In an era in which genetic panels are widely available, a growing number of lesional focal epilepsy cases, classically considered acquired, have been proven to have a genetic aetiology. Surgical anecdotal cases of focal genetic epilepsy have been reported but the prognostic value of a genetic aetiology is still uncertain, due to the lack of long follow-up data. From preliminary studies it seems that SCN1A epilepsy is associated with a bad surgical outcome, while DEPDC5 related epilepsy could be improved by a surgical approach. We reported the cases of two patients with focal epilepsy due to SCN1A and DEPDC5 mutations who underwent pre-surgical evaluation. Patient 1, despite suffering from SCN1A-related epilepsy, had a good surgical outcome, while patient 2 with DEPDC5-related focal epilepsy was unsuitable for surgery. In our opinion genetic aetiology may not be an absolute contraindication for surgery; phenotypic expression and a personalized pre-surgical workup could help to select which patients could benefit from surgery.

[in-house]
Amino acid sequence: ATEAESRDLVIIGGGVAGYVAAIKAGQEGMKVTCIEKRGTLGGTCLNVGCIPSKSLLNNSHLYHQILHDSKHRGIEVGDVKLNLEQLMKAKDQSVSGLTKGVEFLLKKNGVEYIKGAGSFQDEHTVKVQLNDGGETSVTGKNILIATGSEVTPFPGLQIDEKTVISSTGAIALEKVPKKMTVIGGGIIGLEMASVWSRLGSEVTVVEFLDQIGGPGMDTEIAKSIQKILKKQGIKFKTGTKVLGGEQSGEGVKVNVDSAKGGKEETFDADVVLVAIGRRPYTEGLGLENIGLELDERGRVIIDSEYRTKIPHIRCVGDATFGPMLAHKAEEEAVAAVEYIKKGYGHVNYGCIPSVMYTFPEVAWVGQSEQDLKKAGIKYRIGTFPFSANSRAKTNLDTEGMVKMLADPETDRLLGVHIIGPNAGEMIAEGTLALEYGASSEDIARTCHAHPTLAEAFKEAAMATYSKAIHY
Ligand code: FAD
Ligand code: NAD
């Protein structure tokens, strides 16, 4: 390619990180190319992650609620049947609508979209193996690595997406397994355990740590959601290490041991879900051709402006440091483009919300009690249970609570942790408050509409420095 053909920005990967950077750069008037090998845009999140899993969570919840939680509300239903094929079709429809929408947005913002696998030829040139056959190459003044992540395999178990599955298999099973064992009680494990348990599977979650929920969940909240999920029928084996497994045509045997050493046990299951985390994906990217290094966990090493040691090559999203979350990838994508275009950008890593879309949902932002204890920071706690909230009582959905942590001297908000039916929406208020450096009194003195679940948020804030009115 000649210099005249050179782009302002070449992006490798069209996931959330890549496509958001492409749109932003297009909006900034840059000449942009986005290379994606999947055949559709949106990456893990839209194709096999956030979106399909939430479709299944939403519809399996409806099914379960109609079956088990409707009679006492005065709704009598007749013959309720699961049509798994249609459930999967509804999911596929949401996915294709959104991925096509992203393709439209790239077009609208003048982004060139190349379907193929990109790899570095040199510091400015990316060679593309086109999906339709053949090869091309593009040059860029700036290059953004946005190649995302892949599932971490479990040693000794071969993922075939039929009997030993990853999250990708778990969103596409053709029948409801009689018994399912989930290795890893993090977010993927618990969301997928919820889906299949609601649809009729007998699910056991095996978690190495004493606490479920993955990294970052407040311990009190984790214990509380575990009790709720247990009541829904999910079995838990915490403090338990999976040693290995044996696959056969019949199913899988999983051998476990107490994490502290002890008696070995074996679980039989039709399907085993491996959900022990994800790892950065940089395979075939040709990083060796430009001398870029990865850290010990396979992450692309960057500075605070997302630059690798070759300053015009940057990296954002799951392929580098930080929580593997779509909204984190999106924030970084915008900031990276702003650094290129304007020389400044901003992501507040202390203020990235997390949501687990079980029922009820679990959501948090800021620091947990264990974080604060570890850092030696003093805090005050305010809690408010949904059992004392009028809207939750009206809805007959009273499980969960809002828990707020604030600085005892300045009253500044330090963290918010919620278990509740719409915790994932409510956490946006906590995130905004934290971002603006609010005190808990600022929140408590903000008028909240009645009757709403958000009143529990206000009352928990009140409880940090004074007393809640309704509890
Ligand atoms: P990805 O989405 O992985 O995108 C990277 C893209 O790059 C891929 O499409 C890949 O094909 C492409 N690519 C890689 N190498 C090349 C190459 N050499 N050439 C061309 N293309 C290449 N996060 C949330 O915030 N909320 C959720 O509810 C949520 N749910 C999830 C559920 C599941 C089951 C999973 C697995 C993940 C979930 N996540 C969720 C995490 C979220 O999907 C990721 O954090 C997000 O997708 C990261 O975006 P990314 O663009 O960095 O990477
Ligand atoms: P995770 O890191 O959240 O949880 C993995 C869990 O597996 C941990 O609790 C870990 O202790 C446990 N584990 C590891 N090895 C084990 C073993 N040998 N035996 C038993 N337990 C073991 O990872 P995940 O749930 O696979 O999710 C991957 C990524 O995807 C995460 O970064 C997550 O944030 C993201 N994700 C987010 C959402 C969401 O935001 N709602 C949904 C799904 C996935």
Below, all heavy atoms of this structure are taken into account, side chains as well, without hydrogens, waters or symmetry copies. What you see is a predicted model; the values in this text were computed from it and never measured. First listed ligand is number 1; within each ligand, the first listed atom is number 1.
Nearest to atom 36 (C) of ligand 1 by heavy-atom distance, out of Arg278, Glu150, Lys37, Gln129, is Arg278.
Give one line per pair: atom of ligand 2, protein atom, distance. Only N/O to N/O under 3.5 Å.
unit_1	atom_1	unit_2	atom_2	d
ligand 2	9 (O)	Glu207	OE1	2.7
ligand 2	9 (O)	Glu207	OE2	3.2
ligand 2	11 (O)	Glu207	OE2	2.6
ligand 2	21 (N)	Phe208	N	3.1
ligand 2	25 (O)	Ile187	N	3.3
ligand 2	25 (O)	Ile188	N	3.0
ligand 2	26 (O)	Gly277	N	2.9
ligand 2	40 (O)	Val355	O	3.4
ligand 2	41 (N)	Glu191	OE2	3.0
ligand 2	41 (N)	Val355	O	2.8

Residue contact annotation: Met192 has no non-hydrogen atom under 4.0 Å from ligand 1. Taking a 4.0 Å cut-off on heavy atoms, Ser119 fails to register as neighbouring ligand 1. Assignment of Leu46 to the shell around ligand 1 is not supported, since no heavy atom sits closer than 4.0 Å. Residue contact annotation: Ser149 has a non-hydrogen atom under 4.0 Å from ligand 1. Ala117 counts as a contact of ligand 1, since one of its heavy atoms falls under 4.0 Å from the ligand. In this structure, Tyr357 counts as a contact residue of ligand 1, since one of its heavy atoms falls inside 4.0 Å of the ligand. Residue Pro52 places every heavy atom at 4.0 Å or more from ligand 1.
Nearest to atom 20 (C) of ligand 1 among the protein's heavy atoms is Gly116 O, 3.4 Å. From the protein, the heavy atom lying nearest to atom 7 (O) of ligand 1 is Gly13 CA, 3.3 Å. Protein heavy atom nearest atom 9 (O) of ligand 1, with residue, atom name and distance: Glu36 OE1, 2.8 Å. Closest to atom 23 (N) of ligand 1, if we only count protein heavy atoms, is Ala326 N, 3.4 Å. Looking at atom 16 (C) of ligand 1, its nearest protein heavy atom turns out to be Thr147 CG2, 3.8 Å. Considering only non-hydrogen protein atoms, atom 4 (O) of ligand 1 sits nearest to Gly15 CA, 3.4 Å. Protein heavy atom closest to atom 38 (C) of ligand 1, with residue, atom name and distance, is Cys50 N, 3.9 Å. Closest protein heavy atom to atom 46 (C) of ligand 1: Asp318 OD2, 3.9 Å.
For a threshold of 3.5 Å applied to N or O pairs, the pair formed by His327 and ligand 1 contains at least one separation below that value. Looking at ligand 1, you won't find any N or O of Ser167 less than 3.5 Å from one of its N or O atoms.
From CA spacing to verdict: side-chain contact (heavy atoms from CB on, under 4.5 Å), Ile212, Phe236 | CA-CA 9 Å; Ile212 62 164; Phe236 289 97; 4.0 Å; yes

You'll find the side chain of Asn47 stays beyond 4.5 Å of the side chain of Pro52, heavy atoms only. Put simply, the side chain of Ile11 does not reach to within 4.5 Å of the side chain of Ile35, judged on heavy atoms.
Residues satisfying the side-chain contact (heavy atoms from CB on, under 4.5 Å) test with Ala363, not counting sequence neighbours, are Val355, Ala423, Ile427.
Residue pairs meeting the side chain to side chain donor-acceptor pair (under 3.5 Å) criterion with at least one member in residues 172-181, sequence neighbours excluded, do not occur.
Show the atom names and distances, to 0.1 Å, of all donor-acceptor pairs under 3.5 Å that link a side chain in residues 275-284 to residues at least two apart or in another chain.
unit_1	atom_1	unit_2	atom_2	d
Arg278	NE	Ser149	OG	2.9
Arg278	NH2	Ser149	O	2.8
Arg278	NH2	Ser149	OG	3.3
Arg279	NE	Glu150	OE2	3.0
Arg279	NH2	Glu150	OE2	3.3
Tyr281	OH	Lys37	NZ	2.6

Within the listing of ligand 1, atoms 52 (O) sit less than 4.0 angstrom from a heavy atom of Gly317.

Keywords: genetic epilepsy surgery, SCN1A, DEPDC5, focal cortical dysplasia, hippocampus sclerosis

Introduction